Last-minute paper: Turning Trickbot: decoding an encrypted command-and-control channel

Thursday 5 October 12:00 - 12:30, Red room

Andrew Brandt (Symantec)

Trickbot, which appeared this year, seems to be a new, more modular, and more extensible malware descendant of the notorious Dyre botnet trojan. Like Dyre, Trickbot communicates with its command-and-control network over TLS-encrypted channels, which it uses both to exfiltrate an enormously detailed profile of the infected machine and any stolen data, as well as to receive payloads and instructions.

This session will comprise a walkthrough of a typical Trickbot infection process, and its aftermath, as seen through the lens of a tool used to perform man-in-the-middle decryption. To collect this information, I infected a number of both virtual and bare-metal devices with Trickbot and then permitted the infected machines to beacon for anywhere from a few hours to a few weeks, all the while MITM-ing the traffic and recording it on a retrospective analysis tool. Finally, we will report our observations about the general behavioural rules that Dyre follows, and offer practical advice to incident responders or malware analysts who might need to identify a Trickbot infection, or deal with the consequences of its aftermath.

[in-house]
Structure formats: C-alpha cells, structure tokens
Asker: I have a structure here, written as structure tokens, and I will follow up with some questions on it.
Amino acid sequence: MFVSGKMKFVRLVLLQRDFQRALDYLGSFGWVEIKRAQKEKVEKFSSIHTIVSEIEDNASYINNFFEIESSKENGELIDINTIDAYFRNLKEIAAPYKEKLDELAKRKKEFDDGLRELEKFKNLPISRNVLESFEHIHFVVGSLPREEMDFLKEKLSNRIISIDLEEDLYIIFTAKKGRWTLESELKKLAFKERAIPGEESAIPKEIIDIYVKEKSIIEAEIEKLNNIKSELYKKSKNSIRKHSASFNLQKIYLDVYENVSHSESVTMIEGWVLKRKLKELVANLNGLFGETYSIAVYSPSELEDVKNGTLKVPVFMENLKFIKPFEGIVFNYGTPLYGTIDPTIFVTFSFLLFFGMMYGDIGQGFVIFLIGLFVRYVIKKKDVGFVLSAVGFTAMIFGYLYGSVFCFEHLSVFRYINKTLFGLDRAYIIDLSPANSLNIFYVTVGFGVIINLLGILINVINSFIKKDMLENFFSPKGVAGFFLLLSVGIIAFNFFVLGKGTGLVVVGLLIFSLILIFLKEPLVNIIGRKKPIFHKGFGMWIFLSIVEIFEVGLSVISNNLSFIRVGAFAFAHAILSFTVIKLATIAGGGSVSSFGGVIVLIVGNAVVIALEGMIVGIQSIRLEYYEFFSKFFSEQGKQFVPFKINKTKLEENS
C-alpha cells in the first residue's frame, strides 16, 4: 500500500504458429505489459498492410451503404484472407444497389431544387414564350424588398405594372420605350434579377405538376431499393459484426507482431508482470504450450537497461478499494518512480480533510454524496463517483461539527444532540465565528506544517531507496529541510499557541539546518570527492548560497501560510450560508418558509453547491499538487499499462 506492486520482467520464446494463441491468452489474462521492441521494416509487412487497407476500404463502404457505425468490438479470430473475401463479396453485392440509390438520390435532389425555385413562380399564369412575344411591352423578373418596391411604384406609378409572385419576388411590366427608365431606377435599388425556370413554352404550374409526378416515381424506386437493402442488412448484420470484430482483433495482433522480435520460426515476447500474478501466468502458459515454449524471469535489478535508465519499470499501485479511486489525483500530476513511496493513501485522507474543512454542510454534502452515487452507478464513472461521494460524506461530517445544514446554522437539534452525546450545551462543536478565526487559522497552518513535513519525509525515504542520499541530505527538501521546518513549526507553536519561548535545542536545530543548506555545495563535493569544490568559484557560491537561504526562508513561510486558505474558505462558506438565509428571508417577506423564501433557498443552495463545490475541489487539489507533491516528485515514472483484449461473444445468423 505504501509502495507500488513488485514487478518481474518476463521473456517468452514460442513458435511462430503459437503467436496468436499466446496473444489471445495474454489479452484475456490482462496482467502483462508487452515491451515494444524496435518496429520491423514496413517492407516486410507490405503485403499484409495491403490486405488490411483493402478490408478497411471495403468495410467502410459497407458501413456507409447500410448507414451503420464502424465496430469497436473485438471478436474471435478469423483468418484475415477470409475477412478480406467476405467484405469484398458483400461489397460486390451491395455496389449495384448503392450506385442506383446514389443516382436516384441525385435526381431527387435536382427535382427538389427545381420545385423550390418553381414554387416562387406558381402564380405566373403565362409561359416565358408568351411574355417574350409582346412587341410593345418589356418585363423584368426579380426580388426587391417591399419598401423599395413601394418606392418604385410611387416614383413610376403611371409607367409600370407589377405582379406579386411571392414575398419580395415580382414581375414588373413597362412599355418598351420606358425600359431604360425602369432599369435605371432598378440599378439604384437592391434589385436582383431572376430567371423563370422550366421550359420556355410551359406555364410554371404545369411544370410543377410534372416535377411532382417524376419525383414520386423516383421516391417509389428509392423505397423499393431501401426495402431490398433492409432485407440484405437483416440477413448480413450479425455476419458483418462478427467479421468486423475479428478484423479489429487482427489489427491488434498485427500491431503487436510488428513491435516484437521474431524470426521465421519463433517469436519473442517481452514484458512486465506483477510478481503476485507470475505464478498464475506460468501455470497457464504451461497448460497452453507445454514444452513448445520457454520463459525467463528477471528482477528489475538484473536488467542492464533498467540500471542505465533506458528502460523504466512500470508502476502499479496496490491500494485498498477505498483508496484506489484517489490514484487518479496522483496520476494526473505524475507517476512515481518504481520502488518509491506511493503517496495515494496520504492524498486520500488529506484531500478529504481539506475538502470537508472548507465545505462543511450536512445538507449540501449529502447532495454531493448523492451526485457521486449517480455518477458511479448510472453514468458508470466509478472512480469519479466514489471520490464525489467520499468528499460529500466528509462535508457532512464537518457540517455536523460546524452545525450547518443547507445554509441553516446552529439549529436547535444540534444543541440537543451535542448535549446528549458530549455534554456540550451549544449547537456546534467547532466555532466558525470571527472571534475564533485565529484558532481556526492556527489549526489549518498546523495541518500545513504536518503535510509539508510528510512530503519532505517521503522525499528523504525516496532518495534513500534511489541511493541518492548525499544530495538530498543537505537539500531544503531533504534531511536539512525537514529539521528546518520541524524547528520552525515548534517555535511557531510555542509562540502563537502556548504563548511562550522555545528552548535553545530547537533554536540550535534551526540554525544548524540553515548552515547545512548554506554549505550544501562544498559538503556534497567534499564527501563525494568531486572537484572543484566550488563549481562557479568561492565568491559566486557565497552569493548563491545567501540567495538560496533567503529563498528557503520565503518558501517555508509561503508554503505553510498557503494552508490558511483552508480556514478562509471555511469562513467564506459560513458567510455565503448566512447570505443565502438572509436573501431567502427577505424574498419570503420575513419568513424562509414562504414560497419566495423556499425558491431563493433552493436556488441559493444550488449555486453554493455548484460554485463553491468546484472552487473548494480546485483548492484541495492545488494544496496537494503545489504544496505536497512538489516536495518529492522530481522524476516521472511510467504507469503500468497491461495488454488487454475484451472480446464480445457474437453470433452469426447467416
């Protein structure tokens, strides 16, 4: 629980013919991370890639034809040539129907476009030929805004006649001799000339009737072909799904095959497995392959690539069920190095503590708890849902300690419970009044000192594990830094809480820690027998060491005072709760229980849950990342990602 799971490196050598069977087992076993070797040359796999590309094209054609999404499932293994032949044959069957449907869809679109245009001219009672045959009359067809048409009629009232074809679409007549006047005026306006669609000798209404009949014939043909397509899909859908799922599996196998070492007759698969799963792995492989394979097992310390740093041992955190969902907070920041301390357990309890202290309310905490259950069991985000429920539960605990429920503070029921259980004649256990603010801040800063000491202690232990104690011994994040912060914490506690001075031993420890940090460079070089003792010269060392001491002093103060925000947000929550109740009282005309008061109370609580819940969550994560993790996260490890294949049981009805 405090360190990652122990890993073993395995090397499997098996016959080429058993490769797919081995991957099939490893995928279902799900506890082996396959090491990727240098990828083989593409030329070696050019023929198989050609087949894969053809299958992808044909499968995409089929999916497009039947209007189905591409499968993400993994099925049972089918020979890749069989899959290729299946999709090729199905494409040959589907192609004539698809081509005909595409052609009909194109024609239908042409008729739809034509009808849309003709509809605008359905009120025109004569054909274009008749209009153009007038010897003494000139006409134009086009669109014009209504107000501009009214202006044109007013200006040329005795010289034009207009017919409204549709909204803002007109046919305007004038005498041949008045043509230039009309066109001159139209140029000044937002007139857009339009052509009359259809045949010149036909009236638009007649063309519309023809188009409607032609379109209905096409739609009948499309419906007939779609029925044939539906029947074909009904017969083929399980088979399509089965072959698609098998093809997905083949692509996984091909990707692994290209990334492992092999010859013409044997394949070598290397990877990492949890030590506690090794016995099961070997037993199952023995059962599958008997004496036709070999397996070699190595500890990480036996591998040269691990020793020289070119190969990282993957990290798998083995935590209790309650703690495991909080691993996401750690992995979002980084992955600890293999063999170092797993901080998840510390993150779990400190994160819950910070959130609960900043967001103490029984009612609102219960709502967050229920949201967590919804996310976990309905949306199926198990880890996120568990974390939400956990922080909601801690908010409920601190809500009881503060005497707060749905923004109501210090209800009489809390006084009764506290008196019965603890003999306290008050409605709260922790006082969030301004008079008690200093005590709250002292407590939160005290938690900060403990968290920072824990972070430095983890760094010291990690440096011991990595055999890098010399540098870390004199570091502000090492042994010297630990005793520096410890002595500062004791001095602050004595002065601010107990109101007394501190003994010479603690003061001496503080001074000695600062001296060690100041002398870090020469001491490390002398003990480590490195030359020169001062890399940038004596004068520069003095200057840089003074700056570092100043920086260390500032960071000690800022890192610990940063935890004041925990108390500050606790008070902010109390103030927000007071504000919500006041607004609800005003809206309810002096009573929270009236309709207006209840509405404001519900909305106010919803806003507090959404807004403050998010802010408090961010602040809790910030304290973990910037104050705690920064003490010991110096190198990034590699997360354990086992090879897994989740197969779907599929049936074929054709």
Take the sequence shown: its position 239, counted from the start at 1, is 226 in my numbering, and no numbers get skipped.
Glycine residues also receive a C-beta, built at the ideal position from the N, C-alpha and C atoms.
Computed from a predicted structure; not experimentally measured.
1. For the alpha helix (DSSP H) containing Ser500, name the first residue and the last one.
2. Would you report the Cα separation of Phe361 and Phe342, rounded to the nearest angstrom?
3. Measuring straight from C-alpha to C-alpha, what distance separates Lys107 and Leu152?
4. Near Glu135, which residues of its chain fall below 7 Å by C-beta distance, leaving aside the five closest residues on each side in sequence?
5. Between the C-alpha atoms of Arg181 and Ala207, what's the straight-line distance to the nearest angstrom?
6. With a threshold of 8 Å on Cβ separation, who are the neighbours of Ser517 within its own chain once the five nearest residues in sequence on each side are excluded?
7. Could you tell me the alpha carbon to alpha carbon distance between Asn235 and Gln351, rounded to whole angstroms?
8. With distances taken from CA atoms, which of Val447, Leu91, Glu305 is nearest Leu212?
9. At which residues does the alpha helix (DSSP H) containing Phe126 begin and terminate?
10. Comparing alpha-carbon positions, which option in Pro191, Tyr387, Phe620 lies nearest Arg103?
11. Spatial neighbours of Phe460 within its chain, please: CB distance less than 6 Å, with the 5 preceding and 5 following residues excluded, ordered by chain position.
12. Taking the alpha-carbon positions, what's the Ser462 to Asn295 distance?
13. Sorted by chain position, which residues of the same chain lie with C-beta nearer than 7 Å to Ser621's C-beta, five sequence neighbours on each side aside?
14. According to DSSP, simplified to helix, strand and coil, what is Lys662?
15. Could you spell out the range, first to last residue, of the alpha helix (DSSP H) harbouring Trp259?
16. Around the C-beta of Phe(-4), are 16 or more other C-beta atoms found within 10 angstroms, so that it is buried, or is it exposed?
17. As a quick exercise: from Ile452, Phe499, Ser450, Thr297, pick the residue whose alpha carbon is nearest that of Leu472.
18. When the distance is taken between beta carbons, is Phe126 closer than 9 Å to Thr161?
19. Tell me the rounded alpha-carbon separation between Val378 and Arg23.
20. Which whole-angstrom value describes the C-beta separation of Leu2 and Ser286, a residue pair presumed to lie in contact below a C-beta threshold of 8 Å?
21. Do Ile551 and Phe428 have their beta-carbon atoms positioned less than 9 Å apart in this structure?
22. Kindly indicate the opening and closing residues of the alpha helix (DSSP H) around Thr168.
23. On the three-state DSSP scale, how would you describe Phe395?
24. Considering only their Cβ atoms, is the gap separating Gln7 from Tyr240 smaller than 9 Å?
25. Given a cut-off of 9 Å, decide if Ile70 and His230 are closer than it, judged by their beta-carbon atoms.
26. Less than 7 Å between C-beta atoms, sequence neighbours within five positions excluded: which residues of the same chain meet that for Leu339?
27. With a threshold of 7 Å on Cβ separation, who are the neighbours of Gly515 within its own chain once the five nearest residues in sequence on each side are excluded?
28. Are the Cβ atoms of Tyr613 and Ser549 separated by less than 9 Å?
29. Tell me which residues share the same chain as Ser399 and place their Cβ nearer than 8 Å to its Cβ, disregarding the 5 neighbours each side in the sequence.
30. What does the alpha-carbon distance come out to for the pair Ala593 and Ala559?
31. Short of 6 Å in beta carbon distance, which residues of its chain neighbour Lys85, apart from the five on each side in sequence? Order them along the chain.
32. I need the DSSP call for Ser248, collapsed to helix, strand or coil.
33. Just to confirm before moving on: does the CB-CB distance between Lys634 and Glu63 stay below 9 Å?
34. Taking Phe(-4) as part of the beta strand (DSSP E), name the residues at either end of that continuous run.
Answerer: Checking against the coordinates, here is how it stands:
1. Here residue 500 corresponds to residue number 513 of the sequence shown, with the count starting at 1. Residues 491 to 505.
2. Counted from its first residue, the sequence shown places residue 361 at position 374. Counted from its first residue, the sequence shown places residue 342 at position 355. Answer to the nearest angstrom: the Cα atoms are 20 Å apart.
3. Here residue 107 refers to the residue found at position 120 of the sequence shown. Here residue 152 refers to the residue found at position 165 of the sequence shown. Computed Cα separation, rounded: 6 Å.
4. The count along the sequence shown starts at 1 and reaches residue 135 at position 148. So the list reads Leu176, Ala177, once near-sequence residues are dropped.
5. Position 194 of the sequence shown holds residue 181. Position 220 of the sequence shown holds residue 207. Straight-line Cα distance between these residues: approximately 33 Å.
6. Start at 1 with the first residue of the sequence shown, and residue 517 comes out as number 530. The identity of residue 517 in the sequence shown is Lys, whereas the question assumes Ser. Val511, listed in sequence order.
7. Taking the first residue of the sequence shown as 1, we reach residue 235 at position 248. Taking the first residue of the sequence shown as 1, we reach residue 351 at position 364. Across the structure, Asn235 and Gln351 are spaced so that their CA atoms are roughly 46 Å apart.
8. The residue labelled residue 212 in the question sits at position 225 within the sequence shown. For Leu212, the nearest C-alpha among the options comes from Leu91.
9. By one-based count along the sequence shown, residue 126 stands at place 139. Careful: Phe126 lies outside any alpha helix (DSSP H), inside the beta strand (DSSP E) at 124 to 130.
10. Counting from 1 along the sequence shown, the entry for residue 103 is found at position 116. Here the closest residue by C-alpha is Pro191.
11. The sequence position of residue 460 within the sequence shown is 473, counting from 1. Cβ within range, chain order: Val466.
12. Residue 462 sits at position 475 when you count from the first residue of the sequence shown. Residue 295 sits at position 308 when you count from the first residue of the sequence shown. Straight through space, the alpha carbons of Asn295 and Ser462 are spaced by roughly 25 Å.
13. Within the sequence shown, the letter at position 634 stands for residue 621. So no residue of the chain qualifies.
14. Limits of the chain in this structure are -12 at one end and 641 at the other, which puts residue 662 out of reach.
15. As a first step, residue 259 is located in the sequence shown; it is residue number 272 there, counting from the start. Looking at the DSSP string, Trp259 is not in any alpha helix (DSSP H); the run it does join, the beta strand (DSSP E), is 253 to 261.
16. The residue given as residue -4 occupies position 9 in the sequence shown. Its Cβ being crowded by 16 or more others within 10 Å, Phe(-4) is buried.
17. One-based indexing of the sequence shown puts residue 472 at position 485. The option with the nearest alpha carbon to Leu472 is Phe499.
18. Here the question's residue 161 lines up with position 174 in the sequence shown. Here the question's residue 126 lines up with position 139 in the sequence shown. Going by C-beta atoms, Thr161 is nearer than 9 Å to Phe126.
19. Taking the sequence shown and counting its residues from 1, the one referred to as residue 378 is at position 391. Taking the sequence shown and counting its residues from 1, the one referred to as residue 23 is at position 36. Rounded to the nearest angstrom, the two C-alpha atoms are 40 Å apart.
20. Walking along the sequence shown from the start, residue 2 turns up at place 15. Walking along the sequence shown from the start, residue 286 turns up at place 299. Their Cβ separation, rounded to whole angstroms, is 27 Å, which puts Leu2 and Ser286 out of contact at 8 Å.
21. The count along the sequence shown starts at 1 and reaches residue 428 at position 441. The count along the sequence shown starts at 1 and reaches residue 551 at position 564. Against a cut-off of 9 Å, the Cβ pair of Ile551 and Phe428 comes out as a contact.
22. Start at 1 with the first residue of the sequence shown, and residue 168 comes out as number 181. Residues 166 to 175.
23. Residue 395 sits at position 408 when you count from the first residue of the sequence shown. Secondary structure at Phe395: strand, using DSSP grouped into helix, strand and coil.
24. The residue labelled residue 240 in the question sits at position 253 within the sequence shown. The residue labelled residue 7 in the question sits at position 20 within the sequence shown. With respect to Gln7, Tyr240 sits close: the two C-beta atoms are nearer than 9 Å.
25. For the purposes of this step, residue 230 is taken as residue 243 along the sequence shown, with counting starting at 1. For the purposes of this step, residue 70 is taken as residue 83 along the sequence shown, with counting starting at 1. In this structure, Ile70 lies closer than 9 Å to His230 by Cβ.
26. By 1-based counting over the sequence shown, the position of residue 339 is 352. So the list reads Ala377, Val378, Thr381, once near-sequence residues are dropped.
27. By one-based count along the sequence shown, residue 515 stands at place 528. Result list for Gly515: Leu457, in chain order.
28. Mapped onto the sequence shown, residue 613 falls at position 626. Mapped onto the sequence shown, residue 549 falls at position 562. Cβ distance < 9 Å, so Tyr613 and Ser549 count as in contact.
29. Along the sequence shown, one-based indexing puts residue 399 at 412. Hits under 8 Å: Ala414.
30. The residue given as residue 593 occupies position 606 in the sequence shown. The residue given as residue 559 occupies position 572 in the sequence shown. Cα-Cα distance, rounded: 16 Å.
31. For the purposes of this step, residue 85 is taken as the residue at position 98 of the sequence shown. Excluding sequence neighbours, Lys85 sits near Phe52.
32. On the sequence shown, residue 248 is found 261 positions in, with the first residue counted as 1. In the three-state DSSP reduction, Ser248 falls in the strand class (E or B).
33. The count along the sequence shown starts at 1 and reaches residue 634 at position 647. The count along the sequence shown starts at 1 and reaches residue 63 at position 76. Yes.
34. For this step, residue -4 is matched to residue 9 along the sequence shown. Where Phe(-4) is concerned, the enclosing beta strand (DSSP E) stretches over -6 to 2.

Andrew Brandt

Andrew Brandt, Symantec’s Director of Threat Research, is a former investigative reporter turned network forensics investigator and malware analyst. At Symantec, Brandt uses his knowledge about the behaviour of malicious software to profile identifiable characteristics of undesirable or criminal activity. His analysis techniques seek to determine general principles that can help analysts and defenders rapidly and comprehensively identify the root cause of infection and data loss, putting real-time network data analysis at the front line of prevention.


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